You are here:

Computer-Based Assessment of Collaborative Problem Solving: Exploring the Feasibility of Human-to-Agent Approach

IJAIE Volume 25, Number 3, ISSN 1560-4292


How can activities in which collaborative skills of an individual are measured be standardized? In order to understand how students perform on collaborative problem solving (CPS) computer-based assessment, it is necessary to examine empirically the multi-faceted performance that may be distributed across collaboration methods. The aim of this study was to explore possible differences in student performance in human-to-agent (H-A), compared to human-to-human (H-H) CPS assessment tasks. One hundred seventy nine 14 years-old students from the United States, Singapore and Israel participated in the study. Students in both H-H and H-A modes were able to collaborate and communicate by using identical methods and resources. However, while in the H-A mode, students collaborated with a simulated computer-driven partner, and in the H-H mode students collaborated with another student to solve a problem. Overall, the findings showed that CPS with a computer agent involved significantly higher levels of shared understanding, progress monitoring, and feedback. However, no significant difference was found in a student's ability to solve the problem or in student motivation with a computer agent or a human partner. One major implication of CPS score difference in collaboration measures between the two modes is that in H-A mode one can program a wider range of interaction possibilities than would be available with a human partner. Thus, H-A approach offers more opportunities for students to demonstrate their CPS skills. This study is among the first of its kind to investigate systematically the effect of collaborative problem solving in standardized assessment settings.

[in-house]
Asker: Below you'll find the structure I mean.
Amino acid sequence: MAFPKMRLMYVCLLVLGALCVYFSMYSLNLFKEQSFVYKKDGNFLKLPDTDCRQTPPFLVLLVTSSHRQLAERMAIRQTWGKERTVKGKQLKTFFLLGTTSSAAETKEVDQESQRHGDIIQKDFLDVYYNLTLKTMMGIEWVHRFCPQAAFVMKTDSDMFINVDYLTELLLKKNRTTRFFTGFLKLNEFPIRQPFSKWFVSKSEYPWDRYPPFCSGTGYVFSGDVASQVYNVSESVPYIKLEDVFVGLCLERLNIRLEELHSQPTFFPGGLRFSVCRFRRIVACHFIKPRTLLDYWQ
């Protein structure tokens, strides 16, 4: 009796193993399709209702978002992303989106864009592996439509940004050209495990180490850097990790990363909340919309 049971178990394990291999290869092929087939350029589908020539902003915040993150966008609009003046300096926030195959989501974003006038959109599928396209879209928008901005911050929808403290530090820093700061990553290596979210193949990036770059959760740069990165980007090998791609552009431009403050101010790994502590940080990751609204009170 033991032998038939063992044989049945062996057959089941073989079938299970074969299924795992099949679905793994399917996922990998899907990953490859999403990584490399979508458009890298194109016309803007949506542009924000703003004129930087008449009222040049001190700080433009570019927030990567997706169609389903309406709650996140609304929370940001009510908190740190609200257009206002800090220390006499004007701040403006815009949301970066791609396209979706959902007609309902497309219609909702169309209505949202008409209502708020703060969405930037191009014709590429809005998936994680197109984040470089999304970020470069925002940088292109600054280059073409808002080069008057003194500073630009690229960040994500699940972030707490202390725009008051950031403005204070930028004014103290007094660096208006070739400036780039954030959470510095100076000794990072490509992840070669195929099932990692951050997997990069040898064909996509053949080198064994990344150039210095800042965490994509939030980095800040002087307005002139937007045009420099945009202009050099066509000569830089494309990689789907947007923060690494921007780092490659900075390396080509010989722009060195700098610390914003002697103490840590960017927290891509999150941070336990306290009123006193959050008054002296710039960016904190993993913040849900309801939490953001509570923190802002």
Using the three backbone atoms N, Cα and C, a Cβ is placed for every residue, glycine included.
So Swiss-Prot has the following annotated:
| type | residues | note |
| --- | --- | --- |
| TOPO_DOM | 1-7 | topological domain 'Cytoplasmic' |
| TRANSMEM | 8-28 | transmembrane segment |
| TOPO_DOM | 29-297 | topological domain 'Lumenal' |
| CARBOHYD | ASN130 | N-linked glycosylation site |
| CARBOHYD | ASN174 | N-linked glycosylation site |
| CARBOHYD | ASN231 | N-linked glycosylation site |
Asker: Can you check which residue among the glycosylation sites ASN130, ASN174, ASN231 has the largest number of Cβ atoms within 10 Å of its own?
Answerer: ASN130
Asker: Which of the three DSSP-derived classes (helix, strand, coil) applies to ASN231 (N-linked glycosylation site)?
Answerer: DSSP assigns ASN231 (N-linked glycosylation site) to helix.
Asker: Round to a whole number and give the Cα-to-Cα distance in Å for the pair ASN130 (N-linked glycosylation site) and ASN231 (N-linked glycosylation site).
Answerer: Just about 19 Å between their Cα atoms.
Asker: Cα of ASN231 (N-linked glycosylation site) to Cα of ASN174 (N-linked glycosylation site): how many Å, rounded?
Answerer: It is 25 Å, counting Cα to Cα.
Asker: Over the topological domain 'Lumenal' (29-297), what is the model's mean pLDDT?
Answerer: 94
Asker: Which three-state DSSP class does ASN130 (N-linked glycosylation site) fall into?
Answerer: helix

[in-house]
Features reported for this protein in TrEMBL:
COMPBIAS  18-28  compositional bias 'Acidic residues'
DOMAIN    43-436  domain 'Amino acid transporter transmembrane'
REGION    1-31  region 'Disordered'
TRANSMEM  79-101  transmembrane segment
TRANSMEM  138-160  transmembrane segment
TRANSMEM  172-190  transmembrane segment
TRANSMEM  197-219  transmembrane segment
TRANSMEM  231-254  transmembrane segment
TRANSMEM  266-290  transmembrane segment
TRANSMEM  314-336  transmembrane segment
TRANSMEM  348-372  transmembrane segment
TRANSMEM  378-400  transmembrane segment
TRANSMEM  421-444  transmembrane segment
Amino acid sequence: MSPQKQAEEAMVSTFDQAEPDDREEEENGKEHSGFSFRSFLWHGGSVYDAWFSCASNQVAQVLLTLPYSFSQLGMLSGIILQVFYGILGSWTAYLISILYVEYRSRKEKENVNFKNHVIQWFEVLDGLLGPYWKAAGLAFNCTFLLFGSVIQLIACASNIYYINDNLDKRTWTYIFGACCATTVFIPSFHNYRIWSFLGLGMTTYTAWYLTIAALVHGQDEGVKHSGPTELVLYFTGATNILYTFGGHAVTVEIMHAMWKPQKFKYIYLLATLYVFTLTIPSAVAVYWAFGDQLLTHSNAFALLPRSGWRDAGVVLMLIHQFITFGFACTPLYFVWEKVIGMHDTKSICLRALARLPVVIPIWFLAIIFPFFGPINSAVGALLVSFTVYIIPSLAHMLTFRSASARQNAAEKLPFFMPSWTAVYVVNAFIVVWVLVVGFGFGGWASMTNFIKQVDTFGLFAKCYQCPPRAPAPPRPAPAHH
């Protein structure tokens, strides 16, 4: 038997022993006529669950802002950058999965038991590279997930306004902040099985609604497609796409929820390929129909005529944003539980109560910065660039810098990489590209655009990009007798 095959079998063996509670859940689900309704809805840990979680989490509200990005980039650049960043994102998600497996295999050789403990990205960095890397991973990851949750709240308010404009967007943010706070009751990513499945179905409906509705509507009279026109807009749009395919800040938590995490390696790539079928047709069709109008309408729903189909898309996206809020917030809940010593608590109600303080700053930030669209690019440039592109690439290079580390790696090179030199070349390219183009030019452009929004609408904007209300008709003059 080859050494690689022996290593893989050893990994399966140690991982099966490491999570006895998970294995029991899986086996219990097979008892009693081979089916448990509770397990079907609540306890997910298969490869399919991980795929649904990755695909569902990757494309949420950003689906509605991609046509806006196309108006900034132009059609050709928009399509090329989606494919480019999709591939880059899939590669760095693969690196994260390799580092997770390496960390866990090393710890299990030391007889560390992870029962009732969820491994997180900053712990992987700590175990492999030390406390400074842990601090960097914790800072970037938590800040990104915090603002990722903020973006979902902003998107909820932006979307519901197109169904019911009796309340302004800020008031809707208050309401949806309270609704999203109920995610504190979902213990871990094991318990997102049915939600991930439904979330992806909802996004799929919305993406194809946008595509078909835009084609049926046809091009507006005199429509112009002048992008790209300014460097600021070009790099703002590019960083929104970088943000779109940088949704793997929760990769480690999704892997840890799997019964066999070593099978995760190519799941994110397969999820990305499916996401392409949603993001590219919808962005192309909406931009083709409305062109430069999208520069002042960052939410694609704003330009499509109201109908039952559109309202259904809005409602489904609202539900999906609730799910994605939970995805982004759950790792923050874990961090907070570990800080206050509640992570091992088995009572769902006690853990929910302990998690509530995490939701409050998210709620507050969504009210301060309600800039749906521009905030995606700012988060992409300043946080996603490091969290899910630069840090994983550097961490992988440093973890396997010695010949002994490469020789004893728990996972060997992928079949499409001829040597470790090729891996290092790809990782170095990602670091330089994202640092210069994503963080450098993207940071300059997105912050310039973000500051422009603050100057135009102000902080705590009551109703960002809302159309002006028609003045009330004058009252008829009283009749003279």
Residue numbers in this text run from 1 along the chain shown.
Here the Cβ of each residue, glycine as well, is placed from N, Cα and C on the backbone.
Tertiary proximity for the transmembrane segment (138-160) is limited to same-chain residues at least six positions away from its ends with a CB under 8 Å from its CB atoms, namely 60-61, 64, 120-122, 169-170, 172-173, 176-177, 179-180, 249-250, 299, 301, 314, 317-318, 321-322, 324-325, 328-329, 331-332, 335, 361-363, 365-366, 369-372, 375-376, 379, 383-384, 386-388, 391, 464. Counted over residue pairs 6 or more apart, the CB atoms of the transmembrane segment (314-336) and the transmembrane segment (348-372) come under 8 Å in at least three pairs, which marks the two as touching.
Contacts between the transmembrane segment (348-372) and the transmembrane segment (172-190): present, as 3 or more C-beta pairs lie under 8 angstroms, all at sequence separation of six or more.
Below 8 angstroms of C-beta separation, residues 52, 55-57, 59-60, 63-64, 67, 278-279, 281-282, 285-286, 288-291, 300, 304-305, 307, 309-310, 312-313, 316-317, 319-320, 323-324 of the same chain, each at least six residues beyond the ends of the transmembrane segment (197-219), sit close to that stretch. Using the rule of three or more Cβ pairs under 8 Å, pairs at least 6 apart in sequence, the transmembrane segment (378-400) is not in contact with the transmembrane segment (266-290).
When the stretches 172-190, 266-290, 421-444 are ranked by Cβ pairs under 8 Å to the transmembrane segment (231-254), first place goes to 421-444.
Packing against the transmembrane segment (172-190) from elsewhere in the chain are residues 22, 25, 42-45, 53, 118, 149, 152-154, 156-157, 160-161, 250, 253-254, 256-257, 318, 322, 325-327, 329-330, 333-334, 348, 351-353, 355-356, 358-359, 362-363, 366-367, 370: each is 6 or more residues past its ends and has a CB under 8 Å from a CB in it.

Rosen, Y. (2015). Computer-Based Assessment of Collaborative Problem Solving: Exploring the Feasibility of Human-to-Agent Approach. International Journal of Artificial Intelligence in Education, 25(3), 380-406. Retrieved January 24, 2020 from .

This record was imported from ERIC on November 3, 2015. [Original Record]

ERIC is sponsored by the Institute of Education Sciences (IES) of the U.S. Department of Education.

Copyright for this record is held by the content creator. For more details see ERIC's copyright policy.